“As with so many other business and community leaders, recent days have been dedicated to ongoing conversations and planning with our leadership team. All of us, everywhere, are needing to find new ways to connect and to be there for each other. I’m taking time to reflect on how potential breakthrough business models might impact the future and shift our culture. I do my best to invite movement into my daily routine — I’m able to think more clearly, understand the deeper wisdom of my body and relate to myself and others more openly. I love kundalini yoga and have a daily practice. It helps me stay grounded — something that’s more important than ever right now.”
“I’m alone in the office. I’m working on my own because I need to launch the collections — resort women, resort men and fashion show men’s. I’m using FaceTime and WhatsApp with all the others on the team. People are really learning to be more digital than ever. The big problem is not being able to have a fitting with a model. We send garments to our fit model or some people from the team try things on to test the fit. I tell my team, ‘Let’s be creative no matter what!’ We remain positive. My team is young and comes from all over the world. We just stay connected to each other.
“We need to go back to the roots, to no boundaries, no judgments. Fashion is now at a restart moment, and the system is completely re-questioned. Luxury is going to have a new meaning. Everything is going to be re-questioned. I think we need to be ready and propose some hope and some new ideas.”
“I can’t remember when I have ever stayed home so much, removing the terrible problem from your head for a while makes it really nice. To take my mind off the news, I have been working on resort, and my spring collection for QVC, cooking and eating, reading and eating, organizing my closets and eating. Somehow every activity or amusement goes back to eating. We came to Water Mill [New York] and now I’m focused on the spring clean-up outside. I feel fortunate to be able to come out here and enjoy the outdoors.”
“I am taking this time to literally slow down, stop and rethink my values and how I can evolve personally, and evolve my brand from this experience. I think this should be an important time of reflection and introspection for us all. On a lighter note, I am finally able to read the books I have been putting off due to my busy schedule — I am catching up on shows, and podcasts. I’m continuing to work out: I went running last night. Also, I keep up my daily routine of dancing by myself for at least an hour a day to pop, R&B and Bollywood music…then I whip out my karaoke machine and sing it out loud…no complaints yet!
“I am blessed that my mother lives in my building — we are practicing the 6-foot distance rule to keep us both, but especially her, safe. Her food has been healing, and her advice is enlightening as always. I am such a social person, so in order to stay sane I am finding ways to stay connected with loved ones virtually. I am doing this via text messages, phone calls, e-mails and above all Instagram Live chats. I connect with my followers and we share thoughts and ideas. If I am lucky, I am sometimes joined by fellow thought leaders like Phillip Lim and Tina Craig.
“This is truly a moment to take a pause, reflect on the past, assess the present and then think about ways to move forward. These solutions might not be immediate, so it’s important we create a channel of communication between our friends, peers, industry leaders, and each and every one of us from every tier. It’s important to share thoughts and ideas to try and work toward something powerful that allows us to come out on the other side of this stronger, more resilient than ever and above all kinder, empathetic and altruistic. It is also a time for us to allow each other to feel every emotion, and to validate their importance for one another. These are anxious times and it’s important that we listen with open hearts.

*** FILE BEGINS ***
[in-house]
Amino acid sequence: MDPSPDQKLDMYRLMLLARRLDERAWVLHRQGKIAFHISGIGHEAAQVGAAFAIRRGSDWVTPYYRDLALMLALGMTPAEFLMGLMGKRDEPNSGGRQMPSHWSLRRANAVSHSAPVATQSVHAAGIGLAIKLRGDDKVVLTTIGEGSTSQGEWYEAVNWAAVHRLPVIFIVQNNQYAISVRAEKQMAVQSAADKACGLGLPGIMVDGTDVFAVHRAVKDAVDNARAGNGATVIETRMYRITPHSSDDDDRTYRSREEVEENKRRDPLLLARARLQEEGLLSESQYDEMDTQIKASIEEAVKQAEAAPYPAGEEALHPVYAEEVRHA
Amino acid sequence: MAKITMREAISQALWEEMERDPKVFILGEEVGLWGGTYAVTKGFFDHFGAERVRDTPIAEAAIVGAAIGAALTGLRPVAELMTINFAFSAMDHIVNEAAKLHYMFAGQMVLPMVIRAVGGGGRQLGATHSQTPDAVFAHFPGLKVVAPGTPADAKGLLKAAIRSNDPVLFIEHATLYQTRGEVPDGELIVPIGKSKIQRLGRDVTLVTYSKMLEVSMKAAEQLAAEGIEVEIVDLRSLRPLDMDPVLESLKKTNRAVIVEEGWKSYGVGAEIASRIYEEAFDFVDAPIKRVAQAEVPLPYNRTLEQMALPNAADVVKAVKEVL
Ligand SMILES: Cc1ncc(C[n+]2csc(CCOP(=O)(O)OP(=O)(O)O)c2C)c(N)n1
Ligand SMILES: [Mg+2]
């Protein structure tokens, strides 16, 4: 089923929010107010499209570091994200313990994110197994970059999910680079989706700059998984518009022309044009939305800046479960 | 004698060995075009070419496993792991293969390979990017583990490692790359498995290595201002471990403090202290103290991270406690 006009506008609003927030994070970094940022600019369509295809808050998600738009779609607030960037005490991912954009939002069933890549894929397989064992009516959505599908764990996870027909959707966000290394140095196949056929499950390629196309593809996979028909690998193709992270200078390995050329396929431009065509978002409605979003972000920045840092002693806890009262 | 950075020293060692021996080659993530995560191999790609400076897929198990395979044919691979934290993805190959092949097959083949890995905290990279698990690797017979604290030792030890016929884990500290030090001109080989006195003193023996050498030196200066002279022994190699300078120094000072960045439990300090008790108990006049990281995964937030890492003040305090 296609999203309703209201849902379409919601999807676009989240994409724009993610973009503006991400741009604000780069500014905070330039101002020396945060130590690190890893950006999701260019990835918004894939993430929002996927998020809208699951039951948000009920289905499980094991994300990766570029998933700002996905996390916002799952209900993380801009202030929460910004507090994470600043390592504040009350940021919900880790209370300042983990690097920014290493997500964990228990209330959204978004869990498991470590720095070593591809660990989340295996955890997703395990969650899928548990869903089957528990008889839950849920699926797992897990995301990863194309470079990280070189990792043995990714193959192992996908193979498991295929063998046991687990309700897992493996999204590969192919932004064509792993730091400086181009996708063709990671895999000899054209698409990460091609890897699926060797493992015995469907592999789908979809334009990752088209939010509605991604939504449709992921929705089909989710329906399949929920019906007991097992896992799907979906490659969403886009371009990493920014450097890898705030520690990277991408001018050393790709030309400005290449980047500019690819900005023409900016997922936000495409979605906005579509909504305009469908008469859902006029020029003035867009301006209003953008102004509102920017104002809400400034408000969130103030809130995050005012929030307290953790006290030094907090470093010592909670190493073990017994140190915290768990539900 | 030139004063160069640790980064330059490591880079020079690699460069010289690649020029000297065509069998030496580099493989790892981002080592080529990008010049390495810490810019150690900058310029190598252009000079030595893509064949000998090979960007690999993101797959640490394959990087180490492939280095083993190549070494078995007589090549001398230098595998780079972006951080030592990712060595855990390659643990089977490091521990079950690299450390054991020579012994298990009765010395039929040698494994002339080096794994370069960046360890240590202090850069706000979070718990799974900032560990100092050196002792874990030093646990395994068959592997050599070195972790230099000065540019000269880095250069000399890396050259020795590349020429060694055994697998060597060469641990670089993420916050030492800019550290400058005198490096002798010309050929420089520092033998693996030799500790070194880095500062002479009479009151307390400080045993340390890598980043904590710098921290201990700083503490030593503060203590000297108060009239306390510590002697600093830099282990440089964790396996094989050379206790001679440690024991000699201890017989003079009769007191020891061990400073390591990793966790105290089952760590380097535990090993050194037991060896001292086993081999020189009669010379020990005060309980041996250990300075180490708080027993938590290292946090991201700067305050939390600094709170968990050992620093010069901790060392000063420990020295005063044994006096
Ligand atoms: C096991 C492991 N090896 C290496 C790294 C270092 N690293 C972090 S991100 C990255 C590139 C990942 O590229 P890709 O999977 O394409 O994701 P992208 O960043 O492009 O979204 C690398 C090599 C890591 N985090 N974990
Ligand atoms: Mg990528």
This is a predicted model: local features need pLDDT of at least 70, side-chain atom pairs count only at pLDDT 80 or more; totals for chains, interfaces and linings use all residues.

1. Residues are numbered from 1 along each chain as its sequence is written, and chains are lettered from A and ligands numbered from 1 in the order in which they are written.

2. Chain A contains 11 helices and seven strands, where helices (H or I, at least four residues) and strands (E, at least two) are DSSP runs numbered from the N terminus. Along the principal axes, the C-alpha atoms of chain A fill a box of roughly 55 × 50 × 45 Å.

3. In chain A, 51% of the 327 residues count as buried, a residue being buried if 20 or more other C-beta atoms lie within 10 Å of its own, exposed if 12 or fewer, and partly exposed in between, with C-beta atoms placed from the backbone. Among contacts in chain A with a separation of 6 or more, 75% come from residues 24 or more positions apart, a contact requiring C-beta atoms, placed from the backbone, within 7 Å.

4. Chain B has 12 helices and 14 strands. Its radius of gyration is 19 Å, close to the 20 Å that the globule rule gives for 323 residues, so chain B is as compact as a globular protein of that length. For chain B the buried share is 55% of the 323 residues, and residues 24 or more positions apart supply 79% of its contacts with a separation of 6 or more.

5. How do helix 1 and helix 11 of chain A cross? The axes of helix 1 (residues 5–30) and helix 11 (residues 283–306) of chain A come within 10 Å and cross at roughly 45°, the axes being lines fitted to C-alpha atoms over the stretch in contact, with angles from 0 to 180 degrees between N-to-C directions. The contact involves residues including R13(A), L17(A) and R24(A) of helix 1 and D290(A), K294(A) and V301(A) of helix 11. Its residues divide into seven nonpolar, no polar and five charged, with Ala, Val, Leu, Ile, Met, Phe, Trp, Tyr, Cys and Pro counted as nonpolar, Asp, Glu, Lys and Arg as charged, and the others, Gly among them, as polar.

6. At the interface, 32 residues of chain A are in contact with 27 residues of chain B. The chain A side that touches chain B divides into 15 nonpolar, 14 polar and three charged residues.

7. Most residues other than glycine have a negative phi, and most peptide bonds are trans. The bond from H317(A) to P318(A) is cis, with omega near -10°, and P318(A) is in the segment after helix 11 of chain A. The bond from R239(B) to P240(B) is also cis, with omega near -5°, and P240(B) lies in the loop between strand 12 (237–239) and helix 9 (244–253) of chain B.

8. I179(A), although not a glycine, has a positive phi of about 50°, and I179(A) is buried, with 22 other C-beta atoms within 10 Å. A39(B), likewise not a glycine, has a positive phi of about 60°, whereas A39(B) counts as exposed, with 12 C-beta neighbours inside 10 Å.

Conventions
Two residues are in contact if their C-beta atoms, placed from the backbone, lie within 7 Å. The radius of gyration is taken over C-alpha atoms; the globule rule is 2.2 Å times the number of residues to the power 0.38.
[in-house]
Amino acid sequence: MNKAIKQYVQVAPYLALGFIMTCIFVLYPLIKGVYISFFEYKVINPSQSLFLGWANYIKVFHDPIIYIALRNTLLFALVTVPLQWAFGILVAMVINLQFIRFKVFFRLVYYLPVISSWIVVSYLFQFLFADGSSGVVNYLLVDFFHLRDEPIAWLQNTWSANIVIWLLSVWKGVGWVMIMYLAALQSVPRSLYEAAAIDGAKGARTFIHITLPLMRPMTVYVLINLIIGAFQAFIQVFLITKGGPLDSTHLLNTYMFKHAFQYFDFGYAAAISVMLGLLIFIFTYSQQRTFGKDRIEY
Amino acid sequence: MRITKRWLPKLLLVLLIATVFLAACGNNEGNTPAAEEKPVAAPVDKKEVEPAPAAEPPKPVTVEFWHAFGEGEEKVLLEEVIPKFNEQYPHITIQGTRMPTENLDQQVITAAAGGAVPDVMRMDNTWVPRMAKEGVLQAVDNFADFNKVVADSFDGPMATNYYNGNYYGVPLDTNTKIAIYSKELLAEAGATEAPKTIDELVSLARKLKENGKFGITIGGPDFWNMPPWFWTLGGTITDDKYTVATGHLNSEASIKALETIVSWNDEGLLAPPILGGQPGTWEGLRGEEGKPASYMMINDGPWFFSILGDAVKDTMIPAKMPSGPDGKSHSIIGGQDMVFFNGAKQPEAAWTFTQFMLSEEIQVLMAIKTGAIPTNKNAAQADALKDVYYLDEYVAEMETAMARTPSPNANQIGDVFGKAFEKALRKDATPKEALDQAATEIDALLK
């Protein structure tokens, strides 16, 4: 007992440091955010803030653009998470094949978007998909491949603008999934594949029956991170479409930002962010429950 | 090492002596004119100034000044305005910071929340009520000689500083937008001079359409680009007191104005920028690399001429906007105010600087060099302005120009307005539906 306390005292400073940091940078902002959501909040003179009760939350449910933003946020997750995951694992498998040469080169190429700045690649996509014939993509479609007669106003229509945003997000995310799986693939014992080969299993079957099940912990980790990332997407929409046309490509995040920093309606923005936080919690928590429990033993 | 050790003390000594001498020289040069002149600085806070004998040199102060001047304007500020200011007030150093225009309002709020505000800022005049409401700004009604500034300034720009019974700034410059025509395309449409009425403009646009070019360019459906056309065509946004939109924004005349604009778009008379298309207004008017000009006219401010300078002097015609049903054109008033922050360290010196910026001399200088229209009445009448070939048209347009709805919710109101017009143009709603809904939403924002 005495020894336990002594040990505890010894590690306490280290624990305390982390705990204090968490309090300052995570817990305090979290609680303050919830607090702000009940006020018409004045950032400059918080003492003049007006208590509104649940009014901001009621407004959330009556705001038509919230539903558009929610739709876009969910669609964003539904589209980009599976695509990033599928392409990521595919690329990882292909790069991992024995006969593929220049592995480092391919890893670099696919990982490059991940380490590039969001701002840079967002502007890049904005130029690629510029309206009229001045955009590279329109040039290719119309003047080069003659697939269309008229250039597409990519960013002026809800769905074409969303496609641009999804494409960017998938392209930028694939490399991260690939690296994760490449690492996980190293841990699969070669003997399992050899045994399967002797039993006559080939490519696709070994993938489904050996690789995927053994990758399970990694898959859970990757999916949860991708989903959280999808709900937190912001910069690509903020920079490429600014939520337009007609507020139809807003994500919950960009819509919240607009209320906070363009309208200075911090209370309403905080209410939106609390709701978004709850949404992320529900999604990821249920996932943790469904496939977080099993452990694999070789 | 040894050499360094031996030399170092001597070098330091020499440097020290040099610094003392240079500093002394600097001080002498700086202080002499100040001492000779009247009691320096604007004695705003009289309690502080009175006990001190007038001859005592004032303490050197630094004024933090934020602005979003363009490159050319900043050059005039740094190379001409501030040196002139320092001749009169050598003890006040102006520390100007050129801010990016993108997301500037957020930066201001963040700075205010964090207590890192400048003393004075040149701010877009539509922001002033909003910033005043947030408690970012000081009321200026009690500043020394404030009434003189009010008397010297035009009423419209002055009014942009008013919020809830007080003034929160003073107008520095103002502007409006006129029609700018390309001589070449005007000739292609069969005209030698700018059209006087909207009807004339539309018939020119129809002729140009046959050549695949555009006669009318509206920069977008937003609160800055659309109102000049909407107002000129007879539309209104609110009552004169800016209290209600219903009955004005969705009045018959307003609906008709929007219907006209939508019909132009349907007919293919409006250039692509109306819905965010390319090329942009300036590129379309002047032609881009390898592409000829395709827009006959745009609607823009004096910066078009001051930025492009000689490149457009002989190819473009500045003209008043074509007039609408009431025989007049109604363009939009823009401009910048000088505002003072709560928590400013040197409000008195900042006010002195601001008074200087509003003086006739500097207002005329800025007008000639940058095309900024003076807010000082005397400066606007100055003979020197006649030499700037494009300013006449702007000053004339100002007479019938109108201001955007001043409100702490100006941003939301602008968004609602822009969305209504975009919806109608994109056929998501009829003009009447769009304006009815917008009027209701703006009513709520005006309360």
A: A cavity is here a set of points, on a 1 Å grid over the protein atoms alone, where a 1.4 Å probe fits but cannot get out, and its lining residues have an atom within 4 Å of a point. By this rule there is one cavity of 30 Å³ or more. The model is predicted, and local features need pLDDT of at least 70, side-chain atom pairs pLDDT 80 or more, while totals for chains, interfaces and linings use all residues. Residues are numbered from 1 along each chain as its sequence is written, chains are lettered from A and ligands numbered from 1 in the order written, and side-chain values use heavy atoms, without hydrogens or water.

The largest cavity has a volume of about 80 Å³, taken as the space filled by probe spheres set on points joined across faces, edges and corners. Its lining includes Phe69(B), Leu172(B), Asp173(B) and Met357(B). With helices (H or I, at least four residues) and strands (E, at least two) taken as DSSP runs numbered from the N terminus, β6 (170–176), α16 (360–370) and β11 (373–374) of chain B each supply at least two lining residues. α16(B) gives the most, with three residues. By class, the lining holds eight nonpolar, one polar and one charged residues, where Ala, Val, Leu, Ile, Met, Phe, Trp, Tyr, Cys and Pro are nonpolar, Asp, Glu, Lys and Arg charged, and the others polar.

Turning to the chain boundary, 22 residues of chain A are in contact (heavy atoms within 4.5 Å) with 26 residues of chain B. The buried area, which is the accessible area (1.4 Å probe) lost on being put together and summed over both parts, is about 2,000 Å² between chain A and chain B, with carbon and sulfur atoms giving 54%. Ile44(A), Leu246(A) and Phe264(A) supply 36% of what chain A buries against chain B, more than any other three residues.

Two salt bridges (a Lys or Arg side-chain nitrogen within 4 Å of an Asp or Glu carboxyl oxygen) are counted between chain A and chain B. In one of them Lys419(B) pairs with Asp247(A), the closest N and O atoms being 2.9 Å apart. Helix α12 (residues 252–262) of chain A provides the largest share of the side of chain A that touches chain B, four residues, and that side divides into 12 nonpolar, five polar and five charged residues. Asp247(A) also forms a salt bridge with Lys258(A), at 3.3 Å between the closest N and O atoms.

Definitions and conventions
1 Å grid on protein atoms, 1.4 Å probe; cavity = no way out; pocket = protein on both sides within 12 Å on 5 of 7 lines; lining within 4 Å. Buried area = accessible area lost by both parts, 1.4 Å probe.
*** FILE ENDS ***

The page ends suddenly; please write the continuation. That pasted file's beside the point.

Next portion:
“One thing that this particular moment is teaching me is how during the time of crisis, basic raw human emotions and characteristics are displayed. We really get to see love, compassion and empathy alongside apathy, xenophobia and fear. The way I see it, we are all in this together and no one is alone. The first step to finding your community in a crisis is to be vulnerable and admit you are afraid, and ask for help. Inherently, the majority of the people in this world, given a choice between doing good and bad, will choose doing good. For we are humans with hearts that beat with empathy and love.”
“I actually worked until last Friday when I decided to stock up with books and magazines. The truth is that I haven’t opened one yet. My husband is working from home and, since the woman who helps us at home is currently not working, I’m taking care of the house. Every day I do the dishes, I clean, I vacuum and I do reorganize stuff. I’m really discovering the pleasure of taking care of the house and in a certain way I feel it’s therapeutic…while I reorganize things, I have the perception I’m also reorganizing myself. I have a busy life and I really never have the chance to enjoy my house. This is the right moment to do this, also considering that I feel super grateful to have a nice house with a lot of space for me and my husband. I’m fully aware that I’m super lucky because it’s not the same for everyone. In addition, I do yoga every day with online classes and I’m doing a lot of headstands, which help me to focus and reflect. After the practice, I meditate about 15 minutes. I usually do yoga early in the morning, but now being home I’m also discovering the pleasure for example of practicing at dusk. Also, finally, the treadmill I ordered has been delivered. This enables me to run 30 minutes a day….I knew that sport is important for me, but since the gyms have been shut down I really realized that it’s an essential part of my routine. And I’m cooking a lot…me and my husband are currently avoiding eating meat and fish. We are cooking a lot of vegetables, we are drinking a lot of green tea with ginger and turmeric infusions…it’s a way to fight the negative mood of this period. And I stopped watching Netflix, because I think the overall quality is not that great. Instead, I’m watching ‘Hunters’ on Amazon Prime Video and I think I’ll watch ‘1917’ again.”